We’ve seen no lights at all since clearing Boone, but we’re snug inside Patrick’s truck, and the drift boat trailing behind is riding smoothly, and the coffee in my Yeti mug is hot, and we’re getting acquainted, finding out about each other.
That’s one of the most important elements of this form of fishing, the connect.
We met only a short time ago in the parking lot at Patrick’s fly shop in Boone, where I piled out of my car in the morning dark and into his truck for the run to the river. A hello, a handshake, a let’s go. He has the build of a linebacker and a reassuring smile. We have over an hour’s drive to the South Holston and want to be on the water by first light. We’ll be spending the rest of the day in a drift boat. Two strangers. If the connect is good the day will be a fine one, regardless of how good the fishing is. If it isn’t, well . . . but this is going to be fine. He’s one of that rare breed of instantly likeable people — warm and amiable.
Patrick Sessoms is from Pinehurst.
The village sits on the bed of one of the ancient lakes formed thousands of years ago from Ice Age glacier melt. With a population of a little over 16,000, it is the largest in Moore County, and Moore County is the most affluent in the area, which is called, thanks to the glaciers’ leavings, the Sandhills. America’s premiere golf resort, the Pinehurst Resort and Country Club, home of the world-famous Pinehurst No. 2, is there. It’s rural, pastoral, uncrowded — a comfortably peaceful landscape of rolling meadows, stands of longleaf pines and sawgrass, the sort of place where the enchantments of the natural world can get in your blood.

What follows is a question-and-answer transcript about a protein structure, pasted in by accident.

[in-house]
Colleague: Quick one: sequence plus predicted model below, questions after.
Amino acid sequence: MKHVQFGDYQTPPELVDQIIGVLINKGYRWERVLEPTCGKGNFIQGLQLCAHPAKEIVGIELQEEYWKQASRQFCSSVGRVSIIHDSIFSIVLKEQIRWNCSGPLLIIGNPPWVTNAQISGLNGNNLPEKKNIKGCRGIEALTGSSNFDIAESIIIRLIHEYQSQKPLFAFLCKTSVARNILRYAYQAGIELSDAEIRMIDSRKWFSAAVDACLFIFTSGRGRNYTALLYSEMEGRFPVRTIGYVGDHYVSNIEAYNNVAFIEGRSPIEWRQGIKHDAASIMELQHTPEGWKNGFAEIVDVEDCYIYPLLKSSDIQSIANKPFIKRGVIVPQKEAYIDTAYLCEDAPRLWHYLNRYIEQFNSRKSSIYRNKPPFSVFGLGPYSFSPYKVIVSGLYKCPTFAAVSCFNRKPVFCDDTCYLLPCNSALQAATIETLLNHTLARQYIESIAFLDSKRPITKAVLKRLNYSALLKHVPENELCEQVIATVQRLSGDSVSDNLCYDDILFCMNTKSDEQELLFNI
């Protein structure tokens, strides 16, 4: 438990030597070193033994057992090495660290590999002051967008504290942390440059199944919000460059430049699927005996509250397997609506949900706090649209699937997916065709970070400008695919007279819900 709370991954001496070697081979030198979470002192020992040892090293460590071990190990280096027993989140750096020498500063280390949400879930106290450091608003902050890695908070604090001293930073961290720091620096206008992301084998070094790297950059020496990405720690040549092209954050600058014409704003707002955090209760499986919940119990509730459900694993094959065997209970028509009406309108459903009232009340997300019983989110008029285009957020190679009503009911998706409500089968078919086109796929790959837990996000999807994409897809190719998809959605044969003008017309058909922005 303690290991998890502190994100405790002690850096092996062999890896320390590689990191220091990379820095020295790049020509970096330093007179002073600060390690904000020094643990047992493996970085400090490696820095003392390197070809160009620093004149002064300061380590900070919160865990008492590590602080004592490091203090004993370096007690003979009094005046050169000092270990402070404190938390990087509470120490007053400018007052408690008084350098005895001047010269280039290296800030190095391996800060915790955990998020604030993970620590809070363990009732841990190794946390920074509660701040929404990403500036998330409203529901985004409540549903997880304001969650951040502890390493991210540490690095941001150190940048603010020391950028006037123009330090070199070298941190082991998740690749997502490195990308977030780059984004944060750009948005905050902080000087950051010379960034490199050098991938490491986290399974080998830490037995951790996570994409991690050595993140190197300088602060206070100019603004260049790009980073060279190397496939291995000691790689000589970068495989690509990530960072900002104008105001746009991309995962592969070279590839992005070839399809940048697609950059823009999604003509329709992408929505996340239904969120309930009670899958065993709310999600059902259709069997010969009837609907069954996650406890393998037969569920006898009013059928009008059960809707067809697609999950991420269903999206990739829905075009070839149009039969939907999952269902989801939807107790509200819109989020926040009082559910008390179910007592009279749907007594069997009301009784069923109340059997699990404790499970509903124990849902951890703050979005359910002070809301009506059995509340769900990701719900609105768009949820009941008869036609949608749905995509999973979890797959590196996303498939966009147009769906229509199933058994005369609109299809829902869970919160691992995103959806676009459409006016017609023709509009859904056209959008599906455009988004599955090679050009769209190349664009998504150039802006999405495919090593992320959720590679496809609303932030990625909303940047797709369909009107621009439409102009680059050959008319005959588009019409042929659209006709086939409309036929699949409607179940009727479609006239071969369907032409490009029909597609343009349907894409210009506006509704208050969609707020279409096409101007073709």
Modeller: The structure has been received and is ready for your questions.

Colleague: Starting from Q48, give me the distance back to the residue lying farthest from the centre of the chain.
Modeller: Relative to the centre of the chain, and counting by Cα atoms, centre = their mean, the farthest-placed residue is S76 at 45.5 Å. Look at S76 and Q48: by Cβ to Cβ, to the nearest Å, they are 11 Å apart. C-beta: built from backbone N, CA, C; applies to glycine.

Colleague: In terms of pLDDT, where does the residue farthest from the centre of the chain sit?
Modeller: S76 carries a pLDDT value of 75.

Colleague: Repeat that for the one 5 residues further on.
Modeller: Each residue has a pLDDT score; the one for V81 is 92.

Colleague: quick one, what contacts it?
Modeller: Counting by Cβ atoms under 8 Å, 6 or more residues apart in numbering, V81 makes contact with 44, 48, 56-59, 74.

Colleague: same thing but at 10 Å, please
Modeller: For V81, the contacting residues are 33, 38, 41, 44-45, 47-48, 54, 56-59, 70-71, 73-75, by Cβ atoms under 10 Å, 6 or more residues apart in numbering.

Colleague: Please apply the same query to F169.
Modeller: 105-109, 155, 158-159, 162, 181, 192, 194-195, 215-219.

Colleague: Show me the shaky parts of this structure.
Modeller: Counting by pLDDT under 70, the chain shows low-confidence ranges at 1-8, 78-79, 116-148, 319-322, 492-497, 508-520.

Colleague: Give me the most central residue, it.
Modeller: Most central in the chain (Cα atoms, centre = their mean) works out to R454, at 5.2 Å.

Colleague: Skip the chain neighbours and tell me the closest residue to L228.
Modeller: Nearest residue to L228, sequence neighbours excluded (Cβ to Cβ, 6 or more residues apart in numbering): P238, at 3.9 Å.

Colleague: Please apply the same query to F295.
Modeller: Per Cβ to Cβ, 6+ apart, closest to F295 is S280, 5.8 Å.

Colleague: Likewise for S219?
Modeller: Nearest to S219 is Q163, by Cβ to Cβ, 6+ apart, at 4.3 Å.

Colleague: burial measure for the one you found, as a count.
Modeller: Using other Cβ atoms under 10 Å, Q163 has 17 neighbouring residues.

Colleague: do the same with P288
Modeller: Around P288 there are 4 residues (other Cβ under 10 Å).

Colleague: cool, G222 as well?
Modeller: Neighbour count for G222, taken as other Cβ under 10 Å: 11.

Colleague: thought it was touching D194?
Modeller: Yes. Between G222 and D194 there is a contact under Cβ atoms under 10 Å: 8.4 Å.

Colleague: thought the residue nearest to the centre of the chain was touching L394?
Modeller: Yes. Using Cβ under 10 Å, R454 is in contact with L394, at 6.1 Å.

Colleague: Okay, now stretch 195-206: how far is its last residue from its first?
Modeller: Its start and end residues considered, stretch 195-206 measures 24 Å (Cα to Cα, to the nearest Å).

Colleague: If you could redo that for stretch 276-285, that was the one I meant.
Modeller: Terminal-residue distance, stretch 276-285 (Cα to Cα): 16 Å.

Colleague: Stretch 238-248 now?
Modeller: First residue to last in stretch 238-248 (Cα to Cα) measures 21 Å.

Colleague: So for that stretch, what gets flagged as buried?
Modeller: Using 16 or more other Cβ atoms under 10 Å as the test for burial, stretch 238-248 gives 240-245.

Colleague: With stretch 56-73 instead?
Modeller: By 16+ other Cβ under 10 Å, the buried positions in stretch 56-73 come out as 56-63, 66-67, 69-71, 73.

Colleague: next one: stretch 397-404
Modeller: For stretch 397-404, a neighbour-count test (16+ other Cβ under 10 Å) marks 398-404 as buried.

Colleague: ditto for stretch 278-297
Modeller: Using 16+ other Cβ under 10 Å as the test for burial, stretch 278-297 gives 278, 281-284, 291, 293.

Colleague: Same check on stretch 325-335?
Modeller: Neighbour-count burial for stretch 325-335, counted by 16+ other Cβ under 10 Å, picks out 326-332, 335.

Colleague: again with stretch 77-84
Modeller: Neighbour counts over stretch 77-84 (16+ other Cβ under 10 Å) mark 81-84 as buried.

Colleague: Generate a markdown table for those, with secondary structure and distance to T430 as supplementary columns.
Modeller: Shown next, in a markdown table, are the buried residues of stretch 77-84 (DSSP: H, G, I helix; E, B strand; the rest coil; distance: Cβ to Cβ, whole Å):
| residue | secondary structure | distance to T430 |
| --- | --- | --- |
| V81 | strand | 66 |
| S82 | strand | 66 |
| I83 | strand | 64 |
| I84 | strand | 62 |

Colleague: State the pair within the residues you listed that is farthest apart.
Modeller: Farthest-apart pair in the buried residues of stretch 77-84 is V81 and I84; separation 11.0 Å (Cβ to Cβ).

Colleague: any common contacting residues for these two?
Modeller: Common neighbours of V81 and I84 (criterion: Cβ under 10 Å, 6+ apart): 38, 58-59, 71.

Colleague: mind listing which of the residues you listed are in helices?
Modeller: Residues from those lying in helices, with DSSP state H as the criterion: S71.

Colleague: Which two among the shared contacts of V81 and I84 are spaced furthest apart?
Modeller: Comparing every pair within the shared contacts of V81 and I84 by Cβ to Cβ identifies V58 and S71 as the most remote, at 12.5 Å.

The Sessoms have been in Moore County since the 1800s, carpenters and builders mostly. There are Sessoms homes and structures all over the county. Patrick’s father, Clay, built my home in Pinehurst. Patrick is fourth generation.
As a boy he roamed the woods, fished the little ponds and streams, learned the bird calls and when the redbuds would bloom. Became addicted to the outdoors. Don’t misapply the word. There are good addictions.
Episcopal Day School, Pinecrest High, National Honor Society, student government, cross-county runner, a winning member of the Sandhills Cycling Club regional competitive team, Eagle Scout.
Underscore Eagle Scout.